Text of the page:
28 December 1992 Mechanical design of optical systems for space operation
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The age of large space optical systems began in the early 1960s. With very little precedent but driven by necessity, there emerged a series of new mechanical and structural technologies including dramatically lightweighted mirrors, ultra-stable low thermal expansion structures, large-scale testing thermal and vacuum environment testing, and robust alignment sensing and control systems. We will review in this monograph the growth of these and other technologies, beginning with a heritage that had its origins in amateur telescope making. We will also address a newer design technology, design-to-cost, which has become a dominant system discriminator in the past decade. This is not intended as a how-to technical paper. Instead it is intended to surface some of the questions and considerations that need to be answered in the development of any new systems concept, rather like a checklist, to ensure that low cost and a high probability of initial success are achieved.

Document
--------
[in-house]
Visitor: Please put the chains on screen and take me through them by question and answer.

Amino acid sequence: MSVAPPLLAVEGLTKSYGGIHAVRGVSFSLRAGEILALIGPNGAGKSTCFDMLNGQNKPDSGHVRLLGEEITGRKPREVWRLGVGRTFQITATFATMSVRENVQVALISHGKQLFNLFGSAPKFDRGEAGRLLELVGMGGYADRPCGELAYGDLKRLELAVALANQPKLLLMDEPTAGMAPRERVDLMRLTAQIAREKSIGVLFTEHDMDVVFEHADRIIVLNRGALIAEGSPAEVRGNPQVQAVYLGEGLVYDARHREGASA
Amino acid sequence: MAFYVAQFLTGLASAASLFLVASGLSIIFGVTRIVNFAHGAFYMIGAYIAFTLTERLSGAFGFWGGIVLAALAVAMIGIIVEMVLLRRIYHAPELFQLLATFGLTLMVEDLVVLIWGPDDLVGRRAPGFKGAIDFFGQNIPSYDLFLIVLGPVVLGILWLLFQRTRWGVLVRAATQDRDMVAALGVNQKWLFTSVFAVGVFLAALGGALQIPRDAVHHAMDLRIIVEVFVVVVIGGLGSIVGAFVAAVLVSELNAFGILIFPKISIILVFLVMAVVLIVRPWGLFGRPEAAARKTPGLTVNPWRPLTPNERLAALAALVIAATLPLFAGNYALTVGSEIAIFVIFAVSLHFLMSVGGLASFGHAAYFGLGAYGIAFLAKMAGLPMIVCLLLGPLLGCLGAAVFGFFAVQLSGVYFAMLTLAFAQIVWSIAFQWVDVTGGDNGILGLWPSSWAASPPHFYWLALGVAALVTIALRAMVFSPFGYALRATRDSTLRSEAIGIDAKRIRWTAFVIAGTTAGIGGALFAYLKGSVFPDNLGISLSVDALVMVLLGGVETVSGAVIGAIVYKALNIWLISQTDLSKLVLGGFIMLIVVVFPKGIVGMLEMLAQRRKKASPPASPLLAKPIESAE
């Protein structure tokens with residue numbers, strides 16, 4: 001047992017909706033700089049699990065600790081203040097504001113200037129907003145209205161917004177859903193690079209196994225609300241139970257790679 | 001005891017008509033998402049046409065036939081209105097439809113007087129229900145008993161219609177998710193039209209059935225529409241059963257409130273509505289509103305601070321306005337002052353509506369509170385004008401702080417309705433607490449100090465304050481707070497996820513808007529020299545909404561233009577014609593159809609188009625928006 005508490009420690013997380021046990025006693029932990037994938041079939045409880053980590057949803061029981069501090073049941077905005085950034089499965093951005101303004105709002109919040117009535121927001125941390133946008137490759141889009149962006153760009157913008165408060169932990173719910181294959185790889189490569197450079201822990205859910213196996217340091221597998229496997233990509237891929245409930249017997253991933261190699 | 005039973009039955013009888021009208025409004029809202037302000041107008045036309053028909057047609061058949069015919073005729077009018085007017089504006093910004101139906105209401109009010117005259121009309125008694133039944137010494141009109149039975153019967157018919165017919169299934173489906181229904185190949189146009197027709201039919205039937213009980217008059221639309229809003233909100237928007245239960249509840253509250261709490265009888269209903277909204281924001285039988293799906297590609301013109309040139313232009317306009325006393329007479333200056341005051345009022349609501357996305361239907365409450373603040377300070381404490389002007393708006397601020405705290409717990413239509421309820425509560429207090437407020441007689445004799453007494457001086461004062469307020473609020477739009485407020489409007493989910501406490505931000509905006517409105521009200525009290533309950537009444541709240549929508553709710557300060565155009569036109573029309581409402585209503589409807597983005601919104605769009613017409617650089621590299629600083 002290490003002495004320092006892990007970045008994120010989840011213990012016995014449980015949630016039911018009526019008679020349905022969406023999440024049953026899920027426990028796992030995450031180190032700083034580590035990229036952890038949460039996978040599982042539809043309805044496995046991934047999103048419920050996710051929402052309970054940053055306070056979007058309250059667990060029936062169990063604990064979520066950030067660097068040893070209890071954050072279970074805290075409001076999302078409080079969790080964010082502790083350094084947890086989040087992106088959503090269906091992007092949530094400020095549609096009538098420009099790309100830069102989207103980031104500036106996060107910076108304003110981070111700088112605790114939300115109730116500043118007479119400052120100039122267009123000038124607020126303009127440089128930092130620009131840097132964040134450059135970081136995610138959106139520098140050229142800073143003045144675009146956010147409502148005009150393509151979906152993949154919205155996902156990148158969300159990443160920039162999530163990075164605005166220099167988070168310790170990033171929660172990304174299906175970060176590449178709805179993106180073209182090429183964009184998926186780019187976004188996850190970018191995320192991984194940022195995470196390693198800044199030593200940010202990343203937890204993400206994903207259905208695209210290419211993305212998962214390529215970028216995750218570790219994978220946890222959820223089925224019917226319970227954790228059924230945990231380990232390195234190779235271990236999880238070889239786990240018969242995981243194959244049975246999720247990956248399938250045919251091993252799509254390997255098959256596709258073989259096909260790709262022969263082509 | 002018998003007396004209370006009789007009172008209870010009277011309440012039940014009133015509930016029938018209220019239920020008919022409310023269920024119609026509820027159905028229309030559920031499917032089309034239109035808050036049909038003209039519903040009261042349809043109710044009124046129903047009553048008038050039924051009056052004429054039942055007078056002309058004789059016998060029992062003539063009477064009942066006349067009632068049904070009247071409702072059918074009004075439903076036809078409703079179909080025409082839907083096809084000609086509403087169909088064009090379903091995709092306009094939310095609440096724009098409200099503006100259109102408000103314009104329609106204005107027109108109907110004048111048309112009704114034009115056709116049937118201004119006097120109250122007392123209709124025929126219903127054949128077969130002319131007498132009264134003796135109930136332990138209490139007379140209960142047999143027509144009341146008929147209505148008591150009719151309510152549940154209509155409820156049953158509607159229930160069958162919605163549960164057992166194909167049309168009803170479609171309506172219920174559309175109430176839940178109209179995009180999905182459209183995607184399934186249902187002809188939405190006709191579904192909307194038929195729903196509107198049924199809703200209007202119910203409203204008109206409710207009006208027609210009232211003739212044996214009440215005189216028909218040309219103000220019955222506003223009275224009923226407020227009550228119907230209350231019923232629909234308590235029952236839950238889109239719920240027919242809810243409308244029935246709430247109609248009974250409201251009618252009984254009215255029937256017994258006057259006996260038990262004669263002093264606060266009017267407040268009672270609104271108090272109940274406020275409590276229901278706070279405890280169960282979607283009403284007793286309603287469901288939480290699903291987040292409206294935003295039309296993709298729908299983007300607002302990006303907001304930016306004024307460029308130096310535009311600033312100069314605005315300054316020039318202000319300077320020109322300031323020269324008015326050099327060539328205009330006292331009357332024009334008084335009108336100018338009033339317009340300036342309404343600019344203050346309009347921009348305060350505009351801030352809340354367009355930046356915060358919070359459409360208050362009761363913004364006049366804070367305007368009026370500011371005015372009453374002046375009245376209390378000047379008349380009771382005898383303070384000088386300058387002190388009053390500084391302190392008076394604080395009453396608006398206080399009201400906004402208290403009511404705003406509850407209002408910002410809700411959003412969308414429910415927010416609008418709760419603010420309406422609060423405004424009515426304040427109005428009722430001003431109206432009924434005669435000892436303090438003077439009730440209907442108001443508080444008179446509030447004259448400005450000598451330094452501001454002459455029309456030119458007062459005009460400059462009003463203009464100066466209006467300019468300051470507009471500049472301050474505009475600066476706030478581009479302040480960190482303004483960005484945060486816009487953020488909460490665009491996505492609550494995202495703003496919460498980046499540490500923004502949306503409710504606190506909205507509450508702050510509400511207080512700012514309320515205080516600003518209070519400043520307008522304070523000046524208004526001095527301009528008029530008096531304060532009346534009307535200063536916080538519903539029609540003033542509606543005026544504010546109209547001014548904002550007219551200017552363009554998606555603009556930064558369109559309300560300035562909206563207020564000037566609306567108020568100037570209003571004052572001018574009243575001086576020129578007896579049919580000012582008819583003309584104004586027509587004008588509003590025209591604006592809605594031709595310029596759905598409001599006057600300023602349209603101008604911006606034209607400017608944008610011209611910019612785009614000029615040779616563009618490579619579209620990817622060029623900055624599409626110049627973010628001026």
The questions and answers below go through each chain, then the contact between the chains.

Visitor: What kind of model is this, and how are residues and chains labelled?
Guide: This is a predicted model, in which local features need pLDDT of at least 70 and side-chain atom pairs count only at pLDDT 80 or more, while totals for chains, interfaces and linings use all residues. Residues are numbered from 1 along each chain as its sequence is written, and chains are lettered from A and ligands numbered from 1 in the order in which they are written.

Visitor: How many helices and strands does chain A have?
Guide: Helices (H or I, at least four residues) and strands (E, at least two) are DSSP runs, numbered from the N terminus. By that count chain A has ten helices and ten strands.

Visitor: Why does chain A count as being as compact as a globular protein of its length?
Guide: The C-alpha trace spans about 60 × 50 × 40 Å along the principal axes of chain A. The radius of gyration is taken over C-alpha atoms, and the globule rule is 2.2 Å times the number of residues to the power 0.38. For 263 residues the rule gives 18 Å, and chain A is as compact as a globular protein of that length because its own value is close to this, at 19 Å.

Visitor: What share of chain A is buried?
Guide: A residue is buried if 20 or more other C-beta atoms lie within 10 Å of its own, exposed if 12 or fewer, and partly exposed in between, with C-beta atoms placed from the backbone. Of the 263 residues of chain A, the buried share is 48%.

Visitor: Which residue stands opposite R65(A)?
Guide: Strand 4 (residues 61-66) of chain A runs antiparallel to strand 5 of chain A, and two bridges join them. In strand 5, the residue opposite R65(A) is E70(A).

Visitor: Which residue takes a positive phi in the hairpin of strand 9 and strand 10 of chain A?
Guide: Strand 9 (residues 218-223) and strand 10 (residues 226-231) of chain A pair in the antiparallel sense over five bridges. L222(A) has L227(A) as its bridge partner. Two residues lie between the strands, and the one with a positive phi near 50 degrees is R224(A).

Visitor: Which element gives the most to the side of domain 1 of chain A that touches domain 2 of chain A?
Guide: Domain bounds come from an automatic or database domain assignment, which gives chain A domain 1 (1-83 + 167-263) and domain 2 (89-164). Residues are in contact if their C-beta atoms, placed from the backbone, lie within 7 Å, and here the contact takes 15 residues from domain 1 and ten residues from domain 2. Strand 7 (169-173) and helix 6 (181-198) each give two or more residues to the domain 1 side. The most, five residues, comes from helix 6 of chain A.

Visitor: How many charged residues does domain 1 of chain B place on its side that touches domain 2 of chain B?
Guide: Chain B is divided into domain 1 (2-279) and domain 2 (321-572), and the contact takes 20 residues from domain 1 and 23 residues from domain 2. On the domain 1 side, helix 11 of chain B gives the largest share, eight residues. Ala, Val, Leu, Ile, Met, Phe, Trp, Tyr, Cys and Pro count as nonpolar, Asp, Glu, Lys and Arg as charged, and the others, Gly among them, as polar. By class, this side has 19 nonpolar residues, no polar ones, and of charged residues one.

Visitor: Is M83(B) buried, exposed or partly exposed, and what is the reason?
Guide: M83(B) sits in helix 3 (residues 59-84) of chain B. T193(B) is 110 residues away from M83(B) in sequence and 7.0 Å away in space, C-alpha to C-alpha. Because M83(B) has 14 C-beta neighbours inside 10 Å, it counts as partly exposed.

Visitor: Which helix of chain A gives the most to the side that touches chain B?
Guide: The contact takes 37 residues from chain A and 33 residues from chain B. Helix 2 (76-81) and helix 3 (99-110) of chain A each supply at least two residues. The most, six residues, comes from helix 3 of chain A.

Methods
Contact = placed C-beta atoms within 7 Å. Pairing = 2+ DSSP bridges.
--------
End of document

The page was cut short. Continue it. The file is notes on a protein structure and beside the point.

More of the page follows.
© (1992) COPYRIGHT Society of Photo-Optical Instrumentation Engineers (SPIE). Downloading of the abstract is permitted for personal use only.
Michael H. Krim, Michael H. Krim, } "Mechanical design of optical systems for space operation", Proc. SPIE 10265, Optomechanical Design: A Critical Review, 1026502 (28 December 1992); doi: 10.1117/12.61099; https://doi.org/10.1117/12.61099

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